Is It Time to Postpone the 2020 Climate Summit?

By Felix Dodds and Michael Strauss
NEW YORK, Mar 25 2020 (IPS)

With the coronavirus pandemic sweeping the planet and the
governments of both wealthy and poorer nations overwhelmed by the
demands of managing a response, the scheduling of this year’s
critical UN Climate Summit is suddenly in doubt.

COP26 (formally, the 26th annual Conference of the Parties of
the UN Framework Convention on Climate Change) is planned for
Glasgow, Scotland (UK) from 9-20 November. It will be the
culmination of five years of negotiations since the historic 2015
Paris Climate Agreement.

More than 100 presidents and prime ministers are expected to
present their nations’ plans for carrying out the sweeping
environmental, economic and energy changes necessary to keep the
Earth’s warming to survivable levels.

In all, over 30,000 government delegates, intergovernmental
officials and stakeholder representatives are preparing to
attend.

The agenda of COP26 is deep and urgent. Besides reporting how
they plan to reduce oil, coal and gas production and increase
renewable energy to limit global temperature rise to below 2°C
(and preferably 1.5°C), governments must agree how to calculate
whether each is fulfilling its pledges, what steps to take to deal
with those which haven’t, and whether the total reductions agreed
to are sufficient to avoid catastrophic climate impacts (so far
they’re not).

National leaders will be looking for positive grand visions to
pull their people out of pandemic- induced despair. A new American
President might be eager to reassert a proactive international role
for the US

At Glasgow, governments must also fulfill the  commitment of the
$100 billion a year they promised to help developing countries. 
Those funds are to cope with the devastating impacts of sea level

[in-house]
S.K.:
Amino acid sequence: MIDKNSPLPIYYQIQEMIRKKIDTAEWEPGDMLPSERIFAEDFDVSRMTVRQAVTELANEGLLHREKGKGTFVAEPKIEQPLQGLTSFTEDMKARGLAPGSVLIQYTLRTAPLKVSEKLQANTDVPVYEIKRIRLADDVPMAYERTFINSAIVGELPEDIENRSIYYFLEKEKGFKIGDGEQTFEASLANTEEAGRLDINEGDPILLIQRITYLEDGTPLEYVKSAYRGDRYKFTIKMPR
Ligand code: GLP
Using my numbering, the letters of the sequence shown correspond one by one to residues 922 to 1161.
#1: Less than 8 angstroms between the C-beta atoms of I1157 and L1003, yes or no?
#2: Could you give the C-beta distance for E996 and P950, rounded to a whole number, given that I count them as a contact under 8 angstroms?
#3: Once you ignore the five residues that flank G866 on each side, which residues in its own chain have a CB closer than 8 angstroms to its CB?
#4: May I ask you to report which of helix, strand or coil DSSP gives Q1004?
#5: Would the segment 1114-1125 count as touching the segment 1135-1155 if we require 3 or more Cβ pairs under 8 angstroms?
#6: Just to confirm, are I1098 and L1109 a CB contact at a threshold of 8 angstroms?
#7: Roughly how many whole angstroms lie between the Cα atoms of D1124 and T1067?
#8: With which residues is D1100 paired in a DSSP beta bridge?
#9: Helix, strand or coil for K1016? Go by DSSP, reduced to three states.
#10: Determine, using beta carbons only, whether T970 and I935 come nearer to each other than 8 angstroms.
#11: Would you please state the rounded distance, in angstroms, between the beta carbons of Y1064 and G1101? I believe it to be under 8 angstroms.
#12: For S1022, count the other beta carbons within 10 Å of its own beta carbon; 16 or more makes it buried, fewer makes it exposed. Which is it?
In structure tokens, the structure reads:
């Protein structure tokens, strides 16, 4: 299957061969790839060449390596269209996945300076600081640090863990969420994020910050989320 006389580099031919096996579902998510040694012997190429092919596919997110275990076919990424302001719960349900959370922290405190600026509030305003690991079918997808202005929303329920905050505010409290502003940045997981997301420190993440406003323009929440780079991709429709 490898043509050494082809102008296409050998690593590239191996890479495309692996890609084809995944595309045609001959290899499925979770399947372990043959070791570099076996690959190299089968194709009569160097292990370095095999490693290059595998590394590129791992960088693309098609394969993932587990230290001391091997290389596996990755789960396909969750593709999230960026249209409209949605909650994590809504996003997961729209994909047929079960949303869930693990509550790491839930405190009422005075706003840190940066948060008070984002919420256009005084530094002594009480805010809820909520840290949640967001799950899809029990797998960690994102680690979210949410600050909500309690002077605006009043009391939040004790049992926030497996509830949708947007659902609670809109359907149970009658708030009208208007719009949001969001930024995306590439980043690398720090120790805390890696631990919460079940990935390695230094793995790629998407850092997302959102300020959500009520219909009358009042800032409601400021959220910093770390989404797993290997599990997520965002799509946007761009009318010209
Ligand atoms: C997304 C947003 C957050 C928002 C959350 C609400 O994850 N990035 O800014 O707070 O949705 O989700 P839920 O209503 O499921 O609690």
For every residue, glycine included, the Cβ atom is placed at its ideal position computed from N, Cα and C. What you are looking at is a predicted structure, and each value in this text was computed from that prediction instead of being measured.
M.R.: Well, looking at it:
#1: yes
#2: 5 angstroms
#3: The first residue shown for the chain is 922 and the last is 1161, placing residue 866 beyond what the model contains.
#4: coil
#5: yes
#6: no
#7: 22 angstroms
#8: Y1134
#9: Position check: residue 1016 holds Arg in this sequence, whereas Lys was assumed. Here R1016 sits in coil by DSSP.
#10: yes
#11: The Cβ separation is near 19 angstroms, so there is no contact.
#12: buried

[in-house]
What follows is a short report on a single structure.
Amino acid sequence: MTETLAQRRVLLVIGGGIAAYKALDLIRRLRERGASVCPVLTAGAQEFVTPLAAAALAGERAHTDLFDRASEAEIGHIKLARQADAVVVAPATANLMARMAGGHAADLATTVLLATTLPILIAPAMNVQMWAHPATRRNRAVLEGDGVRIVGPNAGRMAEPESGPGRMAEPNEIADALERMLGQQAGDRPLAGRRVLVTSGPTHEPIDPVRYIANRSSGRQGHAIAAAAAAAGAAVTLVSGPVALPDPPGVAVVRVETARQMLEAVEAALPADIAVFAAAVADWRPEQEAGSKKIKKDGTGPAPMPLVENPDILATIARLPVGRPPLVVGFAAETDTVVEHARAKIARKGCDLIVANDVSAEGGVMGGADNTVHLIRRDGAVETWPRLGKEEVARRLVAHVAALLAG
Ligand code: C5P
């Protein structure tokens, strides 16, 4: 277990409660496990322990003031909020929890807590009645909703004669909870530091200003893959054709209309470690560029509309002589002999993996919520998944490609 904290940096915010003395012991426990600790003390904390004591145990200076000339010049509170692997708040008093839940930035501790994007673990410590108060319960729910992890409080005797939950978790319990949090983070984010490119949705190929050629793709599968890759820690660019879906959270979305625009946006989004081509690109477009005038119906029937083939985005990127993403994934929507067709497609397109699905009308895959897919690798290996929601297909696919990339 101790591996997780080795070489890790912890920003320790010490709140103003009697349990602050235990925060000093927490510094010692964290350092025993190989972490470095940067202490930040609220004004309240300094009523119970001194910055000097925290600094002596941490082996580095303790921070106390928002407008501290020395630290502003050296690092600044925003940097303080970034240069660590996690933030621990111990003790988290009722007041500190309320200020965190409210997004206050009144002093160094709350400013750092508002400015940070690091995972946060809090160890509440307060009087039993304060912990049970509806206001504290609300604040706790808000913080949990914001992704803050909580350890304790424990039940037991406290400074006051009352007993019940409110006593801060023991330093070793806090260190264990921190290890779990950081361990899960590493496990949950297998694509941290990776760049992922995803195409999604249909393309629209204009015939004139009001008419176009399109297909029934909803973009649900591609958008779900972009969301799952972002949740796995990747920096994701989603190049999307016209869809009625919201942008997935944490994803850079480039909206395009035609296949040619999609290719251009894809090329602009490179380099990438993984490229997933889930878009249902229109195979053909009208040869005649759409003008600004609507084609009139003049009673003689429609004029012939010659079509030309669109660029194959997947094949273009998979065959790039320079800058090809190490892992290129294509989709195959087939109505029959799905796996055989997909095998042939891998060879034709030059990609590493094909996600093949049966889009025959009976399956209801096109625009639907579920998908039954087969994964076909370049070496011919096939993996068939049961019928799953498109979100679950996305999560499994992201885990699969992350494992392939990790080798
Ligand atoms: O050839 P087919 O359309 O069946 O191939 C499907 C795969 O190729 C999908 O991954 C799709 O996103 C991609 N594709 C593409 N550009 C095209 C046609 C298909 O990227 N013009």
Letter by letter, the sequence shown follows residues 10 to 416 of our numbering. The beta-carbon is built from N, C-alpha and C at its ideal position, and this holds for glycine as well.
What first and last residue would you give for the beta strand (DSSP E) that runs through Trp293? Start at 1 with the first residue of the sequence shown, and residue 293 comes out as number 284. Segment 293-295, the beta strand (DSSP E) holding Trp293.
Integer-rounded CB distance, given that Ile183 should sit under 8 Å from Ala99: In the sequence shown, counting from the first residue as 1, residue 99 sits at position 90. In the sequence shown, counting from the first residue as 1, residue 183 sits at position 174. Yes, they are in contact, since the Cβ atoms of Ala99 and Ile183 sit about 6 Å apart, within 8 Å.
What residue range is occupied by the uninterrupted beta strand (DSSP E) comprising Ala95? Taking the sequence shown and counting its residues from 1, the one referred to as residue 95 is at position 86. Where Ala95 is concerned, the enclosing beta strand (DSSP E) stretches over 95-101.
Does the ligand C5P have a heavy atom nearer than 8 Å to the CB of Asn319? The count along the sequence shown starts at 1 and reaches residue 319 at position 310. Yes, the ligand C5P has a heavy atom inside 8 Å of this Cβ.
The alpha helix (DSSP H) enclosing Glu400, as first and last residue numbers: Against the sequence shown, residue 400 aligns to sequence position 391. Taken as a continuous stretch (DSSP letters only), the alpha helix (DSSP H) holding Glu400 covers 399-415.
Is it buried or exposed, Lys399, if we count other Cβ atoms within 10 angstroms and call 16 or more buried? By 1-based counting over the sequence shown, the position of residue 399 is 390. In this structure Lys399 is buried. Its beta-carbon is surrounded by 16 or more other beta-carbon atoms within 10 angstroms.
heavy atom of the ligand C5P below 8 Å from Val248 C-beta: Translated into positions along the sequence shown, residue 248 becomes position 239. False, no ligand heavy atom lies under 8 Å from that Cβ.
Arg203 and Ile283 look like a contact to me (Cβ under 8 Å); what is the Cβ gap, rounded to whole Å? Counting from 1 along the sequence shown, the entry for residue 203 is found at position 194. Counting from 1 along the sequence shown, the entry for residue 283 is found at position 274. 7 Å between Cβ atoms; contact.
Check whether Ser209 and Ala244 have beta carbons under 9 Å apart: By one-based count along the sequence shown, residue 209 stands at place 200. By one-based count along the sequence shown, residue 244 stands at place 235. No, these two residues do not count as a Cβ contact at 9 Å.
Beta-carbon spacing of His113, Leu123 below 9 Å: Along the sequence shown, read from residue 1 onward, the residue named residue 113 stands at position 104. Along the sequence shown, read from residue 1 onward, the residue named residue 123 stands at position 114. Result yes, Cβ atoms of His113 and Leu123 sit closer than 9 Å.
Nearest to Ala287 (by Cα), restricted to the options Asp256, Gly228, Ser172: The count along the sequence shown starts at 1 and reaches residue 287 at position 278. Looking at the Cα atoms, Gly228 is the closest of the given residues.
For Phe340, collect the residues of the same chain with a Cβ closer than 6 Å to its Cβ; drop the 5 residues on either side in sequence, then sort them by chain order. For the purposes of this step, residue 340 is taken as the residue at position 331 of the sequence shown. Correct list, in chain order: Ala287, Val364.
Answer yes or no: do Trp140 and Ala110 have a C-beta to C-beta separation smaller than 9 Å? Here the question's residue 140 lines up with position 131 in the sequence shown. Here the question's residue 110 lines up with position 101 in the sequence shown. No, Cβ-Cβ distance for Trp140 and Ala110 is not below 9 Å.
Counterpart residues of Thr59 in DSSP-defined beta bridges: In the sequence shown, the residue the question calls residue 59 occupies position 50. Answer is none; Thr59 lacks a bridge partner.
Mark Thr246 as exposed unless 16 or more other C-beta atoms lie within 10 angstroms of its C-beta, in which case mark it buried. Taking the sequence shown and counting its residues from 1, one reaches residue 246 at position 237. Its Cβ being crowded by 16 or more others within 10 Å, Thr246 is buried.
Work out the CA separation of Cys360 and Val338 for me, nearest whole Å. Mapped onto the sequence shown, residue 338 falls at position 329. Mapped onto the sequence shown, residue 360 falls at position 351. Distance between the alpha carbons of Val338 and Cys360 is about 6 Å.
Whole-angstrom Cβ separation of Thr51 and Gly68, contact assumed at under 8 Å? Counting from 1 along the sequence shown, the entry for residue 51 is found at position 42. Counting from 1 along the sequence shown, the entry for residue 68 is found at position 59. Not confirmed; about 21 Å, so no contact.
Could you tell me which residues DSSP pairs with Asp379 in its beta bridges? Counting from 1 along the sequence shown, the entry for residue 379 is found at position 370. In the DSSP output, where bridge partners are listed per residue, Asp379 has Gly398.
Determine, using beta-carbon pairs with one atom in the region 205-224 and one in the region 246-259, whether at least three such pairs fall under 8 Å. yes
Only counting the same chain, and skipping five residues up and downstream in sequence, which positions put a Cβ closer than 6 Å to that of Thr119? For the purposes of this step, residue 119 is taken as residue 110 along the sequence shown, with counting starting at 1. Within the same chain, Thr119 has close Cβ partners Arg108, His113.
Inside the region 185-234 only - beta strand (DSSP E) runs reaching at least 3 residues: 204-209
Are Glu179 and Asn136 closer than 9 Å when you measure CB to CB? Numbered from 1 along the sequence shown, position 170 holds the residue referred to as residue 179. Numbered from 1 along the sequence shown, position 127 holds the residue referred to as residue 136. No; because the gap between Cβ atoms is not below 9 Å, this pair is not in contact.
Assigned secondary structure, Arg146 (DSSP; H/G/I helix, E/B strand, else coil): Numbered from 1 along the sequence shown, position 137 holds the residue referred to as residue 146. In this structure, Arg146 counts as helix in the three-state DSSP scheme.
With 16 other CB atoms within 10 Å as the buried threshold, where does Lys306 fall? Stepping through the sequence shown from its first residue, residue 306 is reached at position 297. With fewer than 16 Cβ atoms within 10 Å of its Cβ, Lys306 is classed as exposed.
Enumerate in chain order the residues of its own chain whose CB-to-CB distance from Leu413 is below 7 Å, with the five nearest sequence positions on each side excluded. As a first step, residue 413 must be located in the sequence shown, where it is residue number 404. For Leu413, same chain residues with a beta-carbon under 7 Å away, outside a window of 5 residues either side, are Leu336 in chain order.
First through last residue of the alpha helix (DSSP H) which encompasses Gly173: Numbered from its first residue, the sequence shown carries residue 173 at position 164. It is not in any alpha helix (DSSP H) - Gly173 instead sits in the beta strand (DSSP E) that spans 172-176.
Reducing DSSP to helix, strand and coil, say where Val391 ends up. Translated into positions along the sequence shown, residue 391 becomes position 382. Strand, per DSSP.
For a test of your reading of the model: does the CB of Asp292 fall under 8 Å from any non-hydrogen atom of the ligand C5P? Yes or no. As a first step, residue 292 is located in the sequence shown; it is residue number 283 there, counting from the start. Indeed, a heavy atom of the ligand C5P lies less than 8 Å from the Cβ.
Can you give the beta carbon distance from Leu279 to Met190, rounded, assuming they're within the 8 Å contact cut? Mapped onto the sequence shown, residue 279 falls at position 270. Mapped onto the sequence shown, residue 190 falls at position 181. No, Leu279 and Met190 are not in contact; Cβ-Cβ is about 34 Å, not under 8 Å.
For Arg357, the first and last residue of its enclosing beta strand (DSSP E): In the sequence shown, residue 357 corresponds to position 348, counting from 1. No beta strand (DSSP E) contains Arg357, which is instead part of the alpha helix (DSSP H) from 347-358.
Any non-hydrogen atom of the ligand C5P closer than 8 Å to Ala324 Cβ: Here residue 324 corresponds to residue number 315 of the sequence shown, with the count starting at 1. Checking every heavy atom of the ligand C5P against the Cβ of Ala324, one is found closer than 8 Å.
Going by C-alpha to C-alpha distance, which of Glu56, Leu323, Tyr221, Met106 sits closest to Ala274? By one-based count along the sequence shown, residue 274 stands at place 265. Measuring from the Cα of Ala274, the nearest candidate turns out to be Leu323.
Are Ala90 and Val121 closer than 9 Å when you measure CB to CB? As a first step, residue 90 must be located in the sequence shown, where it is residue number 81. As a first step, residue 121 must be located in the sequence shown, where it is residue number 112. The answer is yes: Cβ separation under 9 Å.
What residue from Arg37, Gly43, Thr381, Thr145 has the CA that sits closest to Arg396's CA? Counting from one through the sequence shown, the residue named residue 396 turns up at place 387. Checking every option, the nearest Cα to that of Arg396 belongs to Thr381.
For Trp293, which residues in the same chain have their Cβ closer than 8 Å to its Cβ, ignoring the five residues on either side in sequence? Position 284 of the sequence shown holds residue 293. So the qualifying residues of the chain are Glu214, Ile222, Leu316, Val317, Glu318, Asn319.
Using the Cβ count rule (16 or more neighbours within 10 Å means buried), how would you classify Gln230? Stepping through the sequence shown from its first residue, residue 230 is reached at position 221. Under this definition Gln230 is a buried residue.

rise, intense storms, extended droughts, erratic cold and heat
waves that have already begun to disproportionately affect poorer
nations – and to help shift those nations’ energy production to
renewables.

Governments must decide what role private business and the
financial sector play in contributing climate funding. And they
must approve the so-called ‘Paris Rulebook’ on implementation
guidelines for zero emissions and climate resilience by 2050.

Progress on all of these issues is lagging far behind
schedule.

Last year’s COP25, in Madrid, was expected to agree on a
formula to resolve key issues. Instead it became the longest COP
conference ever, failed to resolve virtually any issue, and passing
them on to an already pressured COP26.

Meanwhile, the pace of the climate crisis continues to
accelerate, with another year of record temperatures, catastrophic
hurricanes, and unanticipated rapidly melting glaciers in
Antarctica and Greenland. And the public demand for action to meet
the urgency escalated as well, led by a resurgent environmental
youth movement inspired by Greta Thunberg.

 

The argument for a November meeting

So it would seem more necessary than ever to follow through with
the November COP26 schedule.

For a world already decades behind the optimal carbon-reduction
calendars suggested by environmentalists in the 1990s, the risks of
further delay are huge.  We may already be on the verge of
irreversible feedback loops like runaway deforestation in the
Amazon, unstoppable desertification in China and the Sahel, massive
shifts in thermal ocean currents that moderate the winters in
Europe, and decalcification that could crash the populations of the